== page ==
Country of Origin: Morocco
Height: Female: 61–68 cm, Male: 66–72 cm
Weight: Male: 16–18 kg, Female: 12–14 kg
Color: Black, Brindle, Fawn, Sandy
Life Expectancy: 13 – 16 years
Temperament: Alert, Sensitive, Faithful, Intelligent
Litter Size: 3 - 8 puppies
Health Problems: The Sloughi is generally a very healthy breed. PRA (progressive retinal atrophy or "night blindness") is found very rarely, and dogs who are DNA-tested and found free of PRA give 100% PRA-free offspring. Breeders in Europe and the U.S. test their breeding stock in the hope of eliminating the disease within a few generations. A PRA-affected dog of otherwise excellent health, temperament and conformity can be bred to a normal (PRA-free) dog and give offspring that are carriers (not affected), but the carriers can then be bred to normal dogs and give 50/50 carrier/normal pups. In this way, affected and carrier dogs of otherwise great quality can still be used in a planned breeding program. There have been isolated cases of deficient immune system, balance problems and hemophilia (an illness that impairs the body's ability to control bleeding) in inbred lines. Sloughis, like many other sighthounds, are sensitive to anesthetics.
Brief info: The origin of the Sloughi is not known, but it is a very old breed. It was mentioned in a book by the Moroccan writer Al Mansur which was probably written in the 13th century. Morocco holds the FCI standard, but the breed originated in the area which today consists of Morocco, Libya, Tunisia and Algeria, in the northern Saharan region of the Maghreb.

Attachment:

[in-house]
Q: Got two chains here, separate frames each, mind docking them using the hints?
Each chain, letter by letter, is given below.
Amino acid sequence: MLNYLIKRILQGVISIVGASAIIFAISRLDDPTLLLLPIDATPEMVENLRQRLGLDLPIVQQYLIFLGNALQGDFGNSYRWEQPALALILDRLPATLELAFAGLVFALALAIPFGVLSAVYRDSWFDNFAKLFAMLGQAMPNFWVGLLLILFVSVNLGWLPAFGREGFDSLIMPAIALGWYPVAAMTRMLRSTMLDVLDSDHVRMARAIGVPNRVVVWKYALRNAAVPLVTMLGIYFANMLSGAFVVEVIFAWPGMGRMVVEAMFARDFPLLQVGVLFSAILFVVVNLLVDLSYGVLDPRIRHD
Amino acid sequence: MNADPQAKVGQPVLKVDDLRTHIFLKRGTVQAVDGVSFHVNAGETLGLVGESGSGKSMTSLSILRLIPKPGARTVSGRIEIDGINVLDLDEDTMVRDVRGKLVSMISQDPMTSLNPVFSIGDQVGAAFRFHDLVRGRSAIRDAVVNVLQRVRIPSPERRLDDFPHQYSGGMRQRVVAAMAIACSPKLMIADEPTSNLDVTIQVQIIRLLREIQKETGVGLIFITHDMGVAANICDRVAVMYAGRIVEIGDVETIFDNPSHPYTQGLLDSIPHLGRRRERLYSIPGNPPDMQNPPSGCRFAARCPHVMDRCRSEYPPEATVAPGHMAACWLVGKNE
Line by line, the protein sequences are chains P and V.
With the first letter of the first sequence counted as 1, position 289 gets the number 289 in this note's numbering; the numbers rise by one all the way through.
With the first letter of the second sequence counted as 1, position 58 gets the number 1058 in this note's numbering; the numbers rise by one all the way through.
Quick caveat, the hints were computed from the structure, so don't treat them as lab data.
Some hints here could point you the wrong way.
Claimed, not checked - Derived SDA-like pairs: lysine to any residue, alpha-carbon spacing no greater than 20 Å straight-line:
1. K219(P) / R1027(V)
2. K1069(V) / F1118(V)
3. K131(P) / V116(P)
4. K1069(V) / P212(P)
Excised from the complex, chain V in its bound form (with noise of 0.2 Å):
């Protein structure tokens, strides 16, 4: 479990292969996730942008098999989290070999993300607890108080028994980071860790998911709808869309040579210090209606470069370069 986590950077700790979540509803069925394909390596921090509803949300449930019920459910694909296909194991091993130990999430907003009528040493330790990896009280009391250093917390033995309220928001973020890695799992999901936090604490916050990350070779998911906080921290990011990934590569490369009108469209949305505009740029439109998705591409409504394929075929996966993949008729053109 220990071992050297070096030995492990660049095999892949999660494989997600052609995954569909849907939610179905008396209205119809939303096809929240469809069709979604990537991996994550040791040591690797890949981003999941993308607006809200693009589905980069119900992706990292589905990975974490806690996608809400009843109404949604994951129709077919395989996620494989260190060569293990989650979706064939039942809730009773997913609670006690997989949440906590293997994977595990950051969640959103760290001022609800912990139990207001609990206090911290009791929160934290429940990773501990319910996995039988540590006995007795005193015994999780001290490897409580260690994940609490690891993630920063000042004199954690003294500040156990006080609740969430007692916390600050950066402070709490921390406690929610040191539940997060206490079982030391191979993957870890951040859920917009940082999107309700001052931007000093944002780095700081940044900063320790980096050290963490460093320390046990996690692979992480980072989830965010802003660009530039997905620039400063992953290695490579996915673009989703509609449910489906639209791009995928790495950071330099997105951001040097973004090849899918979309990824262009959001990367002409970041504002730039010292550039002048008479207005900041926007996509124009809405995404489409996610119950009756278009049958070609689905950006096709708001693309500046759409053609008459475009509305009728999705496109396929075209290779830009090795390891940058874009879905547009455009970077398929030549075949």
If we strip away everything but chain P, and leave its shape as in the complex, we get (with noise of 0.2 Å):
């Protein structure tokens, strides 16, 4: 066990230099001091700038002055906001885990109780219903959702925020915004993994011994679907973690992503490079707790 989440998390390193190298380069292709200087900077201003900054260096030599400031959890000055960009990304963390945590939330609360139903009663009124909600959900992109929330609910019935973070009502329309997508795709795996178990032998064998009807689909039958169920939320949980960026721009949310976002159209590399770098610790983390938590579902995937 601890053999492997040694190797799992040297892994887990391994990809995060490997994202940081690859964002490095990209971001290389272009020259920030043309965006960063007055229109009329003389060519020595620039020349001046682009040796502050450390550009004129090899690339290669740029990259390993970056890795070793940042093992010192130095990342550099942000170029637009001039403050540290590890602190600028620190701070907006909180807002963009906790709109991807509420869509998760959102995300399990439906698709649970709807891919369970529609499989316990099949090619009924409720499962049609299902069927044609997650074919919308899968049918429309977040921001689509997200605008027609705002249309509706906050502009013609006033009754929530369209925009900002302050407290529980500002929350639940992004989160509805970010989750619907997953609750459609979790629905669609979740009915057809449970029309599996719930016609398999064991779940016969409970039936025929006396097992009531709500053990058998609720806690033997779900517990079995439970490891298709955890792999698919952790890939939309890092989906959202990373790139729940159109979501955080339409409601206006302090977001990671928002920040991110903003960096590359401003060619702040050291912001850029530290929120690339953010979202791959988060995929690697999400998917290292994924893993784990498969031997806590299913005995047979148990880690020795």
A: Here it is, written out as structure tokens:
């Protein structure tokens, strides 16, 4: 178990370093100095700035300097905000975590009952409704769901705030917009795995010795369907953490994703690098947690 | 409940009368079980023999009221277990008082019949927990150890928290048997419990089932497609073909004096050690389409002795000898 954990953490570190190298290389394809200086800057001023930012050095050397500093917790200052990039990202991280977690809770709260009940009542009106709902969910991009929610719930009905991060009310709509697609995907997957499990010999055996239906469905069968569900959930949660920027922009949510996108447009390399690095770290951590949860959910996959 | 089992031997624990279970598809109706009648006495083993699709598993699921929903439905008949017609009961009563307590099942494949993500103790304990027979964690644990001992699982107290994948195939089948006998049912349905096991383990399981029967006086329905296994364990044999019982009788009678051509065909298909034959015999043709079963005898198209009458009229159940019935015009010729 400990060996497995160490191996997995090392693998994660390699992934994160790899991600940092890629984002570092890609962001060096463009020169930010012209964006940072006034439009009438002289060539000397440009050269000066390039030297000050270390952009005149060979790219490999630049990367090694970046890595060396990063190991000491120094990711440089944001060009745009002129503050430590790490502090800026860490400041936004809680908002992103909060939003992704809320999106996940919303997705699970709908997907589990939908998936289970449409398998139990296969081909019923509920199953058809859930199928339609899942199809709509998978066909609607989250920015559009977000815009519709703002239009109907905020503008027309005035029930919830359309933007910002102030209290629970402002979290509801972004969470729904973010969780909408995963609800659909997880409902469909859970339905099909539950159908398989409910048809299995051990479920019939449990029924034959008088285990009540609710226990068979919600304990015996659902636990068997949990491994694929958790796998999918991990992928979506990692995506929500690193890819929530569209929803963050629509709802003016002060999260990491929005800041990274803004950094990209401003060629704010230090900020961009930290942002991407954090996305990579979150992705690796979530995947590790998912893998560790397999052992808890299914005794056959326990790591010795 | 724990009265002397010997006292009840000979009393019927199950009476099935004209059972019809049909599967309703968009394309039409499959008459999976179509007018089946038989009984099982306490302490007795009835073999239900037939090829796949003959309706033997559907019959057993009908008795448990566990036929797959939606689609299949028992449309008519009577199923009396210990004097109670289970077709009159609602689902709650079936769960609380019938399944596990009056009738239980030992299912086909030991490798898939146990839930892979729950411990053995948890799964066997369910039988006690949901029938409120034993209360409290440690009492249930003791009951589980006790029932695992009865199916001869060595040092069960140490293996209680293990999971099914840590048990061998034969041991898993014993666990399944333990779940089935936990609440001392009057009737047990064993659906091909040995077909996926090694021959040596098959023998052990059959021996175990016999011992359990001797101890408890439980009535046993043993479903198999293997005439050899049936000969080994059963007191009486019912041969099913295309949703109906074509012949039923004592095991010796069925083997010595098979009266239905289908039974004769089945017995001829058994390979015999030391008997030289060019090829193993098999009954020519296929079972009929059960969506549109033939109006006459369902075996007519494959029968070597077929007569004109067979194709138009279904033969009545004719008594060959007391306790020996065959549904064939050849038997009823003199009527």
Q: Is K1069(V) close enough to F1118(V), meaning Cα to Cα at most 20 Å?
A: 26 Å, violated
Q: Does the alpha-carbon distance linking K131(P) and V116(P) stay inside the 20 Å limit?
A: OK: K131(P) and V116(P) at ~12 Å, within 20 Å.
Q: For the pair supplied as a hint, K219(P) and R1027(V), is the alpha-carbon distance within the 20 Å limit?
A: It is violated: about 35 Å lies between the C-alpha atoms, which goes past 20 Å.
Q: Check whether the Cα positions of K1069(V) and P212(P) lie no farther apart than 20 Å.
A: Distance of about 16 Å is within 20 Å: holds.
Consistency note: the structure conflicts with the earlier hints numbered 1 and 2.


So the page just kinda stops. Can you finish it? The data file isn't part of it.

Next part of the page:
The Sloughi is also known as the Arabian Sighthound, which is actually incorrect as it was the indigenous, nomadic Berbers (the Amazigh or "free people," as they call themselves) who developed the breed long before the invasion of the Arabs.
The breed is locally known as the Sloughi Moghrebi, meaning the "sighthound of the Maghreb." The Sloughis held an elevated position in comparison to other dogs, and they were greatly prized. The Sloughi is squarish and leggy, slightly higher than long. The topline descends along the neck and straightens along the back.
The withers are hardly visible and the topline is almost straight from the base of the neck. There is a slight curve over the loin. The croup is bony, the brisket does not reach the elbow and the underline is first straight (long sternum) then rises sharply. The Sloughi's coat color is solid with no extensive white markings (a white patch on the chest and few white hairs at the tip of the toes are overlooked). Colors are all shades of light to red sand with or without black mask, black ears, brindle, black overlay and black mantle.
The most common color is sand with a black mask. The facial expression of the Sloughi is gentle and melancholy, almost sad. The Sloughi has a smooth, floating, effortless gait, tail held low, and head at a moderate angle to the body. There is no exaggeration in extension, and the front paws dont reach beyond the tip of the nose.
This type of gait enables the hound to cover large distances without tiring. When racing, its style resembles that of the Greyhound, but looks more pulled together as a result of the squarish structure of the Sloughi in comparison to the "lying rectangle" structure of the Greyhound. Because of its straighter topline, the Sloughi does not flex its back as much as the Greyhound.